Film series: Documentaries for Our Times
image from Arresting Power: Resisting Police Violence in Portland, Oregon
In addition to the four films showing as part of Art Docs, we offer these six timely films, two of which—The Cordillera of Dreams and Crossing Columbus—are doing double duty in the Cine con Cultura Latinx American Film Festival, and another two—John Lewis: Good Trouble and Arresting Power: Resisting Police Violence in Portland, Oregon—are screening as part of our Black Lives on Screen series. Read more about these titles in their respective series’ articles.
Some of the most exciting film work happening today takes place within the documentary genre, which is so rich with possibilities to explore its topics, and the films in this series offer some great examples, employing archival footage, essayistic format, experimental techniques, reality show and fictional elements. Both The Cordillera of Dreams and Crossing Columbus call upon the surrounding landscape to play a major role. Both John Lewis: Good Trouble and Arresting Power function as calls to action.
The Hottest August, which we were slated to show this past April on Earth Day, but had to cancel, is a cine-essay on climate change and the future, although not what you’d expect. Filmmaker Brett Story spent the month of August 2017 interviewing New Yorkers, asking them “Do you have any worries about the future?”
Describing the film in his Variety review, Peter Debruge writes:
“The responses run the gamut, rarely touching on climate change, which is telling in and of itself. At a time when our impact on global weather conditions can be both measured and felt, we as a society have chosen to concentrate on other issues…. It’s an infinitely rich sort of Rorschach test for our respective individual anxieties in these tempestuous times, as Story and editor Nels Bangerter invite viewers to read what they please into their elaborate brain-teaser, whether those anxieties are identified outright or not. One doesn’t need to name Trump to feel his impact on people (August 2017 was the month of the “Unite the Right” rally in Charlottesville, N.C.), or to speak the words “racism,” “police brutality” and “sexual assault” to recognize citizens responding to those threats—at Black Lives Matter rallies, self-defense classes or those places where you can pay for the chance to smash an old PC to smithereens with a sledgehammer…. Story’s an original, and the film is a revelation—a movie that’s as deep as we’re willing to read into it, and an invaluable time capsule for summers far in our future, assuming we ever get there.”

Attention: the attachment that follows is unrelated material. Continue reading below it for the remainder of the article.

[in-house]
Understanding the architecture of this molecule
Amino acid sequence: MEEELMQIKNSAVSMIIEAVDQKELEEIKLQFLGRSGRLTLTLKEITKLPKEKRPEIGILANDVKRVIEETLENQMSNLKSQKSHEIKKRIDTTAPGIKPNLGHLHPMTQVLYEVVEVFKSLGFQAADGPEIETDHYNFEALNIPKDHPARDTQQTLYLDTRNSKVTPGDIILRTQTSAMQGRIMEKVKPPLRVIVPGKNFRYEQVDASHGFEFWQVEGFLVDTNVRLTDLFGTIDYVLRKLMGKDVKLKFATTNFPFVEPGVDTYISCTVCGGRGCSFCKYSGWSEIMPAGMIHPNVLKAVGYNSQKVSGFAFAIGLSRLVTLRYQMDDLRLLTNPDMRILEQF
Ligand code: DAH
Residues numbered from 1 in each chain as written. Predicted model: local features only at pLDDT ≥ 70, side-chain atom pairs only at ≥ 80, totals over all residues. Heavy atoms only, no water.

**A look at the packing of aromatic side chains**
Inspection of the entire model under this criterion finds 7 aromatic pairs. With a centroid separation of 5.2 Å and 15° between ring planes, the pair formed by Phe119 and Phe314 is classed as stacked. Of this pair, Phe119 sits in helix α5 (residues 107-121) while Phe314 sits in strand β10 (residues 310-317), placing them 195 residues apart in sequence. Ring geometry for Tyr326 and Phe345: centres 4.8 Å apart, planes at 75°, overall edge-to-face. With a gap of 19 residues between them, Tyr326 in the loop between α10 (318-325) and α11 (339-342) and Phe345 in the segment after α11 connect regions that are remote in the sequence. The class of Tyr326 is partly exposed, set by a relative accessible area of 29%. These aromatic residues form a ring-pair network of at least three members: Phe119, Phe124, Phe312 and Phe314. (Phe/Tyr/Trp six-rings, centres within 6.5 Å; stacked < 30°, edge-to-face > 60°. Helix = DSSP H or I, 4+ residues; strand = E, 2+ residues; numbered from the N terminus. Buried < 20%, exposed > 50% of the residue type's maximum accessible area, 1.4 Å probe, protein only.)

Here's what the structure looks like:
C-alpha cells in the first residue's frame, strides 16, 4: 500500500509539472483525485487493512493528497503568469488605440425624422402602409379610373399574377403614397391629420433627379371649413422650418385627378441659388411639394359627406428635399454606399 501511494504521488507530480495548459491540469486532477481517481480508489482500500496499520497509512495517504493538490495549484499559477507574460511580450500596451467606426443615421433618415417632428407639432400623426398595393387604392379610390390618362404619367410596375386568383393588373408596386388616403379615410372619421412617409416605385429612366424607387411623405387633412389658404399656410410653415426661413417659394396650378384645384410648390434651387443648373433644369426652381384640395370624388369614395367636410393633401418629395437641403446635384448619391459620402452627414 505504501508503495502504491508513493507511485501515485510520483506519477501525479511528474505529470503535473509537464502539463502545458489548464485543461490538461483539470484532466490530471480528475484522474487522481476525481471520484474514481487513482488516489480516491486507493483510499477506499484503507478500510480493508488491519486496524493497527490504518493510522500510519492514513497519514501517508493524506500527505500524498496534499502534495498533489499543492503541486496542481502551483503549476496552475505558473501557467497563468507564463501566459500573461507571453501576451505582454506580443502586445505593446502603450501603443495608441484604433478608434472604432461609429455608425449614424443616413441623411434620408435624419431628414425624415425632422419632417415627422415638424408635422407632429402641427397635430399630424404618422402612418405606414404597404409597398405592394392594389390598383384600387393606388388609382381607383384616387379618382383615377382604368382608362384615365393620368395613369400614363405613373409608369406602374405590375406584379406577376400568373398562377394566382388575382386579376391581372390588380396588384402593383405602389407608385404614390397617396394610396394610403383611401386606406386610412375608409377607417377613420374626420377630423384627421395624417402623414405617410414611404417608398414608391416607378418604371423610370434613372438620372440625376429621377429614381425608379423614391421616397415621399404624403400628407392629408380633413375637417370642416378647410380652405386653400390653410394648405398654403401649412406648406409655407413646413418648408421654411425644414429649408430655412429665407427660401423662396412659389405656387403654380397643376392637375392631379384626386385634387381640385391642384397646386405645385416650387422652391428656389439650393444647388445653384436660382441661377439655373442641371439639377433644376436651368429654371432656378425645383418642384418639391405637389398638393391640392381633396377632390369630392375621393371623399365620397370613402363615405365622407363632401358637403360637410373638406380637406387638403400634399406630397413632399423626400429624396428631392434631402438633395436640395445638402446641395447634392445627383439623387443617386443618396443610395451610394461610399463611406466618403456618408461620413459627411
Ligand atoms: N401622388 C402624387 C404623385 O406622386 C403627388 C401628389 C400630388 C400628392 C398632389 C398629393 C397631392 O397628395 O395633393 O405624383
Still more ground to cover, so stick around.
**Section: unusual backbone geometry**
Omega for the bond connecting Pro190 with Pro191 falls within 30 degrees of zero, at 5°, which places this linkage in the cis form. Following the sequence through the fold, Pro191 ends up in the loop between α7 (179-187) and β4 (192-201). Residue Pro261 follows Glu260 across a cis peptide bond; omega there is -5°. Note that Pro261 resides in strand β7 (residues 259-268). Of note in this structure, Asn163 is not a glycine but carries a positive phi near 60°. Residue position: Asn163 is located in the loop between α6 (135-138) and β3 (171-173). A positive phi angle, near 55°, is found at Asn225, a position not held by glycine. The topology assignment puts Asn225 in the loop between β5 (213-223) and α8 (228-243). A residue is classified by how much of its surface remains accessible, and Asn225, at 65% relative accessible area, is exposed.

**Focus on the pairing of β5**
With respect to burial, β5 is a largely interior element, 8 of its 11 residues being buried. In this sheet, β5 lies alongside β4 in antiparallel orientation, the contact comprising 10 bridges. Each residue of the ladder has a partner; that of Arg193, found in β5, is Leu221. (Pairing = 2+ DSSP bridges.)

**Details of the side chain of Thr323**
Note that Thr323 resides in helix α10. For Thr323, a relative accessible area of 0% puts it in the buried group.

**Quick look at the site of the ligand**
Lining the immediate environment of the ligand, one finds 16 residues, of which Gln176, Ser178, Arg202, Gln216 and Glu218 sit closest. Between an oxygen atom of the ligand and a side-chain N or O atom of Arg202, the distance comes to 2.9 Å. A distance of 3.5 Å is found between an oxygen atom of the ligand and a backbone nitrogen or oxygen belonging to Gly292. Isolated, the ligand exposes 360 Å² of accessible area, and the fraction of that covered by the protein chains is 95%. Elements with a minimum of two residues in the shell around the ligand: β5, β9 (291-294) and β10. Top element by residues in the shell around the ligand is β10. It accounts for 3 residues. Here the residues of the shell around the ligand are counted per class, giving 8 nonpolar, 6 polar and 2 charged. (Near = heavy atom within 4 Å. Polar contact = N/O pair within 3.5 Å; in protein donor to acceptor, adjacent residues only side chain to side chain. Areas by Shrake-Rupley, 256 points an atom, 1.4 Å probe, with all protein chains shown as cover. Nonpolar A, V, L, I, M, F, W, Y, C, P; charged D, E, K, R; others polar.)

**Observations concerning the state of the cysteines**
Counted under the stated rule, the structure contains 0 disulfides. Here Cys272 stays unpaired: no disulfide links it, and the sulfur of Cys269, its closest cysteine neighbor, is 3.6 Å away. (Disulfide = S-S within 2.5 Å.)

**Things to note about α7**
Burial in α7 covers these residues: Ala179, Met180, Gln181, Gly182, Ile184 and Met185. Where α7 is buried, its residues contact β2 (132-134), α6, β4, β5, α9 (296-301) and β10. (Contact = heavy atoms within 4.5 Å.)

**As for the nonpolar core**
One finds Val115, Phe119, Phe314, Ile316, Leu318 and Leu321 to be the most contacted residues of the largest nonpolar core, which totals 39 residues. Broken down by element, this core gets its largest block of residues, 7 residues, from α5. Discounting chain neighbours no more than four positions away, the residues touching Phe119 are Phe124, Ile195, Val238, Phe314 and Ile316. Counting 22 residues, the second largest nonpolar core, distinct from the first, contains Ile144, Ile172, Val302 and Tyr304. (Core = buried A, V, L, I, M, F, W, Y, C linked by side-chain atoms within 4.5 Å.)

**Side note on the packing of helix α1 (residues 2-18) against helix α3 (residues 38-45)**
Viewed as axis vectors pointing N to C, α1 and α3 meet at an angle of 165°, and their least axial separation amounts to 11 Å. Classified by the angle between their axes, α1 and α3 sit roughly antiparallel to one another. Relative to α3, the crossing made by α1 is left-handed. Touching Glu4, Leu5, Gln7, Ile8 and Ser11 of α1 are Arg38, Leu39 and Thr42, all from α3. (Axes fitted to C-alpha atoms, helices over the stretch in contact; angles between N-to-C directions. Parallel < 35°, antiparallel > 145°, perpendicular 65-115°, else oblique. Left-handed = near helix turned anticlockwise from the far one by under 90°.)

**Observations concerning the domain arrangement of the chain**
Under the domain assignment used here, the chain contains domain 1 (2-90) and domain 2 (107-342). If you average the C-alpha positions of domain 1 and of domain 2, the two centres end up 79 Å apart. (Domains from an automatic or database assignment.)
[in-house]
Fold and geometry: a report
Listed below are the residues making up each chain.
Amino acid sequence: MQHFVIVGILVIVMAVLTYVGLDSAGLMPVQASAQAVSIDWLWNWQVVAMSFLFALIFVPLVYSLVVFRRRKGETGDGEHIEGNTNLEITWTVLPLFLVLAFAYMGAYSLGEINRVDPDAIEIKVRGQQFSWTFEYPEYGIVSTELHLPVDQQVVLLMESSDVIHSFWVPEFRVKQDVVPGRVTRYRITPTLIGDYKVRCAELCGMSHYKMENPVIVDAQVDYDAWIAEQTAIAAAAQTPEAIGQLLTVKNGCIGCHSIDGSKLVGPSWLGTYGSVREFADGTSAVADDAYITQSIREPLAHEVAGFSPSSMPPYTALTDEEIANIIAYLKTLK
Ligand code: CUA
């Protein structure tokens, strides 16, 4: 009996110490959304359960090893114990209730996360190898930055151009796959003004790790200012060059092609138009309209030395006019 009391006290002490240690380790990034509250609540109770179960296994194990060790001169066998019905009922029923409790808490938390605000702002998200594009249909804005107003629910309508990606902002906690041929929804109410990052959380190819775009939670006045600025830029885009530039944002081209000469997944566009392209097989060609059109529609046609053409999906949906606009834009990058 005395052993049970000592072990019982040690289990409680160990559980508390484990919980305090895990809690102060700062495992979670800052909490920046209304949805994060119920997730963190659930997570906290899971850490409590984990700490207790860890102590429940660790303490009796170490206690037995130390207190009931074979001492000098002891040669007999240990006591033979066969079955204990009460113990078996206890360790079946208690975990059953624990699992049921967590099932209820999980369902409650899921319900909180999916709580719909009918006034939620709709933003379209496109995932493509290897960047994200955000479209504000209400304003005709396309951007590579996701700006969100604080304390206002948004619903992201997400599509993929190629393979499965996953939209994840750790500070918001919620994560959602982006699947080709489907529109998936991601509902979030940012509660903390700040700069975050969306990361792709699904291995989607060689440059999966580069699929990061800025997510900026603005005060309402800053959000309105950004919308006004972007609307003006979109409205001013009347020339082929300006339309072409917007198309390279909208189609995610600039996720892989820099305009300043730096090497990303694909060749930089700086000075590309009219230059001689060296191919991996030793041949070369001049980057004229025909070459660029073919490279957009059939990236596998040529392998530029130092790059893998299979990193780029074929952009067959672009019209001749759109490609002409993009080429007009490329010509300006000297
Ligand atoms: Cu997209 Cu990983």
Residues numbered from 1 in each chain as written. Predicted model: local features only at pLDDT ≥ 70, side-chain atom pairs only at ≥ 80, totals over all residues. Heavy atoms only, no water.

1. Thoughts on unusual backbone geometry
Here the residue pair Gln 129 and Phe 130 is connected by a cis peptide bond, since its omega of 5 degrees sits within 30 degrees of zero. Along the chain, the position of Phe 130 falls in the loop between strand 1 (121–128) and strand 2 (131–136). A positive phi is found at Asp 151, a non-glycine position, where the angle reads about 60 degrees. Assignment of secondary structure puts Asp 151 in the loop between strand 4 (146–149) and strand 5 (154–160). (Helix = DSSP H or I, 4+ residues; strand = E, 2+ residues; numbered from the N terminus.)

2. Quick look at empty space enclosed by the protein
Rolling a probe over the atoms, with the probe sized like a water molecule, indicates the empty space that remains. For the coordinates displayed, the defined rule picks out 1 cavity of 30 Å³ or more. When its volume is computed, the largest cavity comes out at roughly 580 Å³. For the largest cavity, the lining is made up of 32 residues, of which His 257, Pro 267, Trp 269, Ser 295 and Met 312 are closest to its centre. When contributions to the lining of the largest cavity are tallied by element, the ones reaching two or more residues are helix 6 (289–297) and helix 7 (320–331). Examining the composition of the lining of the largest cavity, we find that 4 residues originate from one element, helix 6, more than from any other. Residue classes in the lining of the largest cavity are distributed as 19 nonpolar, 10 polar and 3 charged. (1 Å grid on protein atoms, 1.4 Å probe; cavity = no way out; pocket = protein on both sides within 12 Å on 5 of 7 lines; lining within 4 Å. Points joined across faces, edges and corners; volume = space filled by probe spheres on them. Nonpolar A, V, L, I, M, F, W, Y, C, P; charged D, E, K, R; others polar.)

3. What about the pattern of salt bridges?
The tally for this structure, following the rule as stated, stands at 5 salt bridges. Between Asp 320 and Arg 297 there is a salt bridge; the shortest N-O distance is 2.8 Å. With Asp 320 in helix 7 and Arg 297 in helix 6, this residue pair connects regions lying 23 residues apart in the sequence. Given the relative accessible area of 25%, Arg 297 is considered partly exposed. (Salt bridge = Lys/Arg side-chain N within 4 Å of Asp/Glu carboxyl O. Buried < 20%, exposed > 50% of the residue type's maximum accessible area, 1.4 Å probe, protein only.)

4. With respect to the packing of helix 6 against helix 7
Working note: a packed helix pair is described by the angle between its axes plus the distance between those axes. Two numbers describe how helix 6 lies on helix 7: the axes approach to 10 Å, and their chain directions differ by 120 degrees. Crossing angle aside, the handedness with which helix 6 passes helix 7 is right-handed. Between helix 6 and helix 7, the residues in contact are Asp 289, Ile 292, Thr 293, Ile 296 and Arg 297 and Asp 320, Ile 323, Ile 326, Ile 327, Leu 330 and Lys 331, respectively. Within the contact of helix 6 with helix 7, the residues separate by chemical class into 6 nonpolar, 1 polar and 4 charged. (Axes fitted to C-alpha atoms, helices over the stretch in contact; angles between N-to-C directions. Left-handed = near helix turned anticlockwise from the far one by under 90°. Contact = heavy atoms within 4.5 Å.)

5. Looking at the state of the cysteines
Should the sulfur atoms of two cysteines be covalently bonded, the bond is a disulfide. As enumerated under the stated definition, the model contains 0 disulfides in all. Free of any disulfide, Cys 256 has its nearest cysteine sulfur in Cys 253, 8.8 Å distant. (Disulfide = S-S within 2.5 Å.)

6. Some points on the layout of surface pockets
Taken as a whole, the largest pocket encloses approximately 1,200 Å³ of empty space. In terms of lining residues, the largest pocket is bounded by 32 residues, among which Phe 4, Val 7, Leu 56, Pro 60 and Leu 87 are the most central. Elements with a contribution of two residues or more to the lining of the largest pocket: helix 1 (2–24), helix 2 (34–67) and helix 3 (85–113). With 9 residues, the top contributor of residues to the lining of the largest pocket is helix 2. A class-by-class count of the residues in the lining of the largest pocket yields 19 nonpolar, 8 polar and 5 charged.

The film is just as timely now as when it first came out. Brett Story will join us for a Q & A on Wednesday, September 9 at 7:30pm.
Boys State—which started streaming in July—takes us into the belly of the beast, so to speak, where our future politicians are cutting their teeth on some of the very same issues explored in The Hottest August.
Winner of the U.S. Grand Jury Prize for Documentary at the most recent Sundance Film Festival, the documentary explores how a group of Texas teens participated in the American Legion program (Boys State, in existence since 1935) to learn about democracy by organizing political parties and running a mock government over the course of one week.
“The filmmakers found a group of compelling, complex subjects to follow for the week (they had many cameras operating simultaneously to manage this verité coup)…. In this little microcosm you see not only a portrait of some serious-minded youths, but how their world views, morals and political beliefs have been molded by what’s happening in the country. And it manages to be both hopeful and bleak about our political present and future.” (Lindsey Bahr, Associated Press)
Filled with hilarious moments as well as unsettling ones, the film is both wildly entertaining and cringe-worthy.
Documentaries are necessary, more than ever, to flesh out the stories behind the sound bites, reveal the lives obscured in the headlines, and explore the history beneath the surface.
As Rose Bond writes in Afterimage:
“In rare confluences of timing and artfulness, documentary films, at their best, can fill a breach, sound a clarion call, and coalesce communities to action.” We need them.